Technical writers or non fiction writers scribble to pay the bills and for the love of the analytical or the exercise of truth or deception.

Fiction authors write to illuminate their world or escape it.

Whichever kind of writer, it's all about staying alive and helping or entertaining others.

The Writing Life

Like most writers, I have a love of reading and the power of words. When I was younger, I read everything I could get my hands on, but I don’t consider myself well read. I consumed books like a starved person, so quickly I hardly knew what I had read. By some strange process of osmosis, I learned from everything I read, but I cannot give you an erudite discussion of characters, plots, or authors. I can only tell you it’s lodged some where in the core of my being and informs my writing.

In addition to reading, I’ve spent a life time writing---from that first elementary school composition to my college days when I studied French literature and wrote explications de texte. Along the way, I fell into technical writing--to put food on the table and pay bills. In the 90s, I had the good fortune to take a dialog class with Sol Stein, former owner of Stein & Day publishers in New York and a prolific author. That led to his California-based writers’ group, Chapter One. It was a rigorous, ego-bruising experience, but I was intent on learning everything I could about fiction writing. A few years ago, I also had the good fortune to study with another writer, Louella Nelson, an experienced romance writer and teacher of fiction writing. She provided a different perspective and balance to my writing.

My novel, DREAMING OF LAUGHING HAWK, a mainstream, Sixties era novel, is available on Amazon in print and ebook (also available in Canada, Europe, Japan, and Brazil). Download a free sample. If you like it, I hope you'll download the book and post a review on Amazon.

Tuesday, November 22, 2011

Something to Share for a Holiday Meal - Pesto Bread

I love bread. If Thanksgiving were just a loaf of bread, butter, and a cup of hot coffee or tea, that would be enough. This Thanksgiving, I am sharing my recipe for Pesto bread. It gets called into service for the holidays and other special occasions. It makes two 16-inch loaves. You will need a French Bread pan, but I suppose it is possible to shape the loaves and do without the pans. However, I recommend the pans because they give a nice, professional shape to the loaves.

You will need:
French bread pan for two loaves - grease the pan with olive oil and sprinkle with corn meal
Mixer with bread hooks (or you can do it the old-fashioned way - knead by hand)
Pastry sheet for rolling out the dough

The Dough
3 cups of lukewarm water
1 tablespoon sugar
1 tablespoon salt
2 packages dry yeast (.5 oz)
7 cups flour
1/2 cup cornmeal
olive oil

The Pesto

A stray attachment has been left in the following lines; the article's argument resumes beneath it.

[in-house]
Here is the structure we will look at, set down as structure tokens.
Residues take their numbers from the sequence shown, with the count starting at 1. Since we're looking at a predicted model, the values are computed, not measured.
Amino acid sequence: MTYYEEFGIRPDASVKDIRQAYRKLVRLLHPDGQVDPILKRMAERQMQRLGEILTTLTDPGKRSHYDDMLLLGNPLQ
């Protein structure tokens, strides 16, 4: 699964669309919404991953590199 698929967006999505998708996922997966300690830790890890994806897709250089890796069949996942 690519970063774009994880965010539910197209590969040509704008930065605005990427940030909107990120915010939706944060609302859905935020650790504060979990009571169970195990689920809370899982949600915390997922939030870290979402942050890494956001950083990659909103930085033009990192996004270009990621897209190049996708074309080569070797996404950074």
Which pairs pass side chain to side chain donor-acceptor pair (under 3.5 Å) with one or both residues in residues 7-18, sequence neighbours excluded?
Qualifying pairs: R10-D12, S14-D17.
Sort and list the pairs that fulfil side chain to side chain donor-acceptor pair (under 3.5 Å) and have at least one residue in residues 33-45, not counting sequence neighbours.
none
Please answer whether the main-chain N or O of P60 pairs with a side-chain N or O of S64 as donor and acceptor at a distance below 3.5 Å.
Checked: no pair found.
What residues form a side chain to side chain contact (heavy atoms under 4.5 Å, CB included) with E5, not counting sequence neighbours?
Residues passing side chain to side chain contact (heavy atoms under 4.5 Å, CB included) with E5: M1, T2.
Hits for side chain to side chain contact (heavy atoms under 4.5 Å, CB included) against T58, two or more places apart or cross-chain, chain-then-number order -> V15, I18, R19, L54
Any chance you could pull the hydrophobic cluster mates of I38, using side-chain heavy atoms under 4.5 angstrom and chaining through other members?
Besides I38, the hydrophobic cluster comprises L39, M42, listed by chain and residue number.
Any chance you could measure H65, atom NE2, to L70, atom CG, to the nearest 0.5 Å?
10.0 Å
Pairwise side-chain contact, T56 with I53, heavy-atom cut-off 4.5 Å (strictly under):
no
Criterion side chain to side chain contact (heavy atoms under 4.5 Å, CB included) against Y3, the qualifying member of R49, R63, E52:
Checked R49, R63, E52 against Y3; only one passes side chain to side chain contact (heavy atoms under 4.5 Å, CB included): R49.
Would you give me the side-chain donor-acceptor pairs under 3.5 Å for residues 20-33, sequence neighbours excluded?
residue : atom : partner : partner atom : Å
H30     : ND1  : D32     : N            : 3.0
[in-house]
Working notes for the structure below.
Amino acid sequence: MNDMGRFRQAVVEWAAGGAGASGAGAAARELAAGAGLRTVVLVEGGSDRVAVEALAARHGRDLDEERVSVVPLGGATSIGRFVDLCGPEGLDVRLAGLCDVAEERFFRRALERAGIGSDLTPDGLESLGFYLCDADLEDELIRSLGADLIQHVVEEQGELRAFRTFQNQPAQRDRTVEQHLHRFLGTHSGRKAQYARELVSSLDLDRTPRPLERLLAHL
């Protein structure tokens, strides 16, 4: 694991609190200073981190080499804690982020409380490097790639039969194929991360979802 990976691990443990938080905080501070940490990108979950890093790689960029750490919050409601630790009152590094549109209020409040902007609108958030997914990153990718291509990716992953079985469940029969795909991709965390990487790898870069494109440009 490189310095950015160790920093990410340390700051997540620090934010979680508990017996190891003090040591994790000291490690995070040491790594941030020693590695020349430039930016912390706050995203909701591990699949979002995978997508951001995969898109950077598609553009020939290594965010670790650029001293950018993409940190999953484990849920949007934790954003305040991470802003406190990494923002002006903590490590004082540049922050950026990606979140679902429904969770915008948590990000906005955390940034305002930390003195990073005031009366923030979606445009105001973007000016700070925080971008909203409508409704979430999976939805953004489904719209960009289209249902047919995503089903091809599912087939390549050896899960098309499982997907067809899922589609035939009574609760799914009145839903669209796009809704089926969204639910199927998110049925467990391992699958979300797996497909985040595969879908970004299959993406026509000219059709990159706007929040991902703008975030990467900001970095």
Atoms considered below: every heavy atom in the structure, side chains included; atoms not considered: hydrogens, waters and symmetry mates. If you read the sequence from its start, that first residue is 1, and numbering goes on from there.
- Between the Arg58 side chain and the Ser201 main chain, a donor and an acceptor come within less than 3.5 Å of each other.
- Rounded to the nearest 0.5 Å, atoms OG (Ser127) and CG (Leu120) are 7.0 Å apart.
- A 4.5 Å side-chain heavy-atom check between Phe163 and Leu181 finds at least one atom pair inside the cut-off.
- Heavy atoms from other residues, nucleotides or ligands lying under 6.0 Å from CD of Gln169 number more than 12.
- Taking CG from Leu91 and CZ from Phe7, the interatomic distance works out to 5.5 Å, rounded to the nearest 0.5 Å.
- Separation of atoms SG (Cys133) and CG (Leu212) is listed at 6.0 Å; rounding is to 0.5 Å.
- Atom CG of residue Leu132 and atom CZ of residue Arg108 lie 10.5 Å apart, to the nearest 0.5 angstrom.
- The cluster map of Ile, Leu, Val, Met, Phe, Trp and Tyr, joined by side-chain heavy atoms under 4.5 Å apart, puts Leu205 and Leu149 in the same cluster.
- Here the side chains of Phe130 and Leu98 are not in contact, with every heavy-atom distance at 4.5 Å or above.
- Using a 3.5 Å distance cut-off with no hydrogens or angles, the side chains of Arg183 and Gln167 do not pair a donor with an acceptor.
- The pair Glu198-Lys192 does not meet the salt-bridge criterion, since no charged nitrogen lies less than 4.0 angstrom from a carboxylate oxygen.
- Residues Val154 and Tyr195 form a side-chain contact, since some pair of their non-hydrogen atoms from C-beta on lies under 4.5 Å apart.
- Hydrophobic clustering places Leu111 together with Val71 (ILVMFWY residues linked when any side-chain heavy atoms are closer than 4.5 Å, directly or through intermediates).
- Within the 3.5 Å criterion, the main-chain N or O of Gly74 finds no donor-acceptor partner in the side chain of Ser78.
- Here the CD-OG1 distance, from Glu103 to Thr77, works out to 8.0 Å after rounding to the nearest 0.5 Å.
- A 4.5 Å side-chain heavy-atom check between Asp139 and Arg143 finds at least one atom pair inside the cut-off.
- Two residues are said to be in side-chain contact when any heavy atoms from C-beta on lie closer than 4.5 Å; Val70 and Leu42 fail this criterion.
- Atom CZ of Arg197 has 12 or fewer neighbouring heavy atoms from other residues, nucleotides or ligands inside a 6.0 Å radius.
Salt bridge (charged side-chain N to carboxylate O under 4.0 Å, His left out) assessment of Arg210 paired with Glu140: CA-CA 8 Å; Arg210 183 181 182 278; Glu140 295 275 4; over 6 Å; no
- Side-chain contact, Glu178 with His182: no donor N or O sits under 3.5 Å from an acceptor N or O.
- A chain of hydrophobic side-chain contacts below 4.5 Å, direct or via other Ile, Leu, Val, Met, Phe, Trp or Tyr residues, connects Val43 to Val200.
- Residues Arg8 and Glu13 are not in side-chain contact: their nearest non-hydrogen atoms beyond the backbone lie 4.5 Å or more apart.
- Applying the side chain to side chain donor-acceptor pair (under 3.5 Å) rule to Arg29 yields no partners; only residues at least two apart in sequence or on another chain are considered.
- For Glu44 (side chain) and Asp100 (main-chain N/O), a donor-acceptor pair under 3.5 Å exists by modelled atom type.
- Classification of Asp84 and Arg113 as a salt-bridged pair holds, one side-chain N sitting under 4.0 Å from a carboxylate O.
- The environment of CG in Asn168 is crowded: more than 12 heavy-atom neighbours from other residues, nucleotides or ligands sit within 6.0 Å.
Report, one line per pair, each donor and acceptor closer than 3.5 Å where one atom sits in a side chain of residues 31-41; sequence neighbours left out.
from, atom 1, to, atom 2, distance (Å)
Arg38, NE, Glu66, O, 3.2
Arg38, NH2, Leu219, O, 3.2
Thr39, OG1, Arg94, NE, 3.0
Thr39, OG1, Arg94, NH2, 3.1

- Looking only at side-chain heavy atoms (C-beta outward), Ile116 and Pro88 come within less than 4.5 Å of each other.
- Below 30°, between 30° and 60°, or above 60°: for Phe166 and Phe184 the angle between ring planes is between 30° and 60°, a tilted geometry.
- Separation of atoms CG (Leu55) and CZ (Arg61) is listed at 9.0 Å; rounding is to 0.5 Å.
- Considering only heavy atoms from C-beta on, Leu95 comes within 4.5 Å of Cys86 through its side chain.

3 cups of basil leaves
1/4 cup olive oil
1/4 cup lemon juice
1/2 tsp salt
3 cloves of garlic
1/2 cup walnuts (or pine nuts)
1/2 cup finely grated Parmesan cheese

Egg Wash
1 egg white, beaten
1 tablespoon water

  1. Mix water, sugar, salt and yeast in a large mixing bowl. Give the mixture 5 minutes to dissolve and get slightly frothy.
  2. Start the mixer and gradually add the 7 cups of flour.
  3. Knead until the dough forms a large elastic ball. If you are doing this by hand, it will take about 15 minutes. It will only take about 5-7 minutes if you are using bread hooks. The dough should not be too sticky. If you are kneading by hand, turn the dough out on a floured surface and add a little extra flour when it starts to stick to your fingers.
  4. Grease a large bowl with olive oil and also coat the ball of dough with olive oil. Place the dough in the bowl and cover with saran wrap.
  5. Set the bowl in a warm place and let it rise until double (about an hour, less if you are using fast rising yeast).
  6. While the dough is rising, put all the pesto ingredients, except the Parmesan, into a blender and process until smooth.
  7. Place the pesto in a small bowl and stir in the Parmesan.
  8. Punch the dough down, remove from the bowl and place it on a floured surface. Knead it a few times and then shape the dough into a rectangle that is approximately 14" x 10". You can roll the dough out or simply pat it into shape
  9. Cut the rectangle in half and spread pesto on both halves. Don't spread the pesto all the way to the edges.
  10. Tightly roll up each half into a loaf and pinch together the bottom seam and ends of the loaf.
  11. Place the loaves, seam side down in the bread pan.
  12. Take a utility scissor or very sharp knife and make diagonal slashes across the loaves.
  13. Cover the loaves with a light linen towel and let them rise for about an hour in a warm place or until the loaves are double in size.
  14. Preheat the oven to 375 degrees just before the loaves are almost completely risen.
  15. Using a pastry brush, carefully brush the loaves with the egg wash and put them in the oven.
  16. Bake the loaves for 20 minutes, remove from the oven, brush them again with the egg wash and return the loaves to the oven for another 15-20 minutes until golden brown.
This is crazy good bread, especially if you like pesto. By the way, when your summer garden has more basil than you know what to do with, whip up a batch of pesto (without the Parmesan cheese) and freeze it in small containers. Whenever you need pesto, just thaw it out and stir in the Parmesan cheese.

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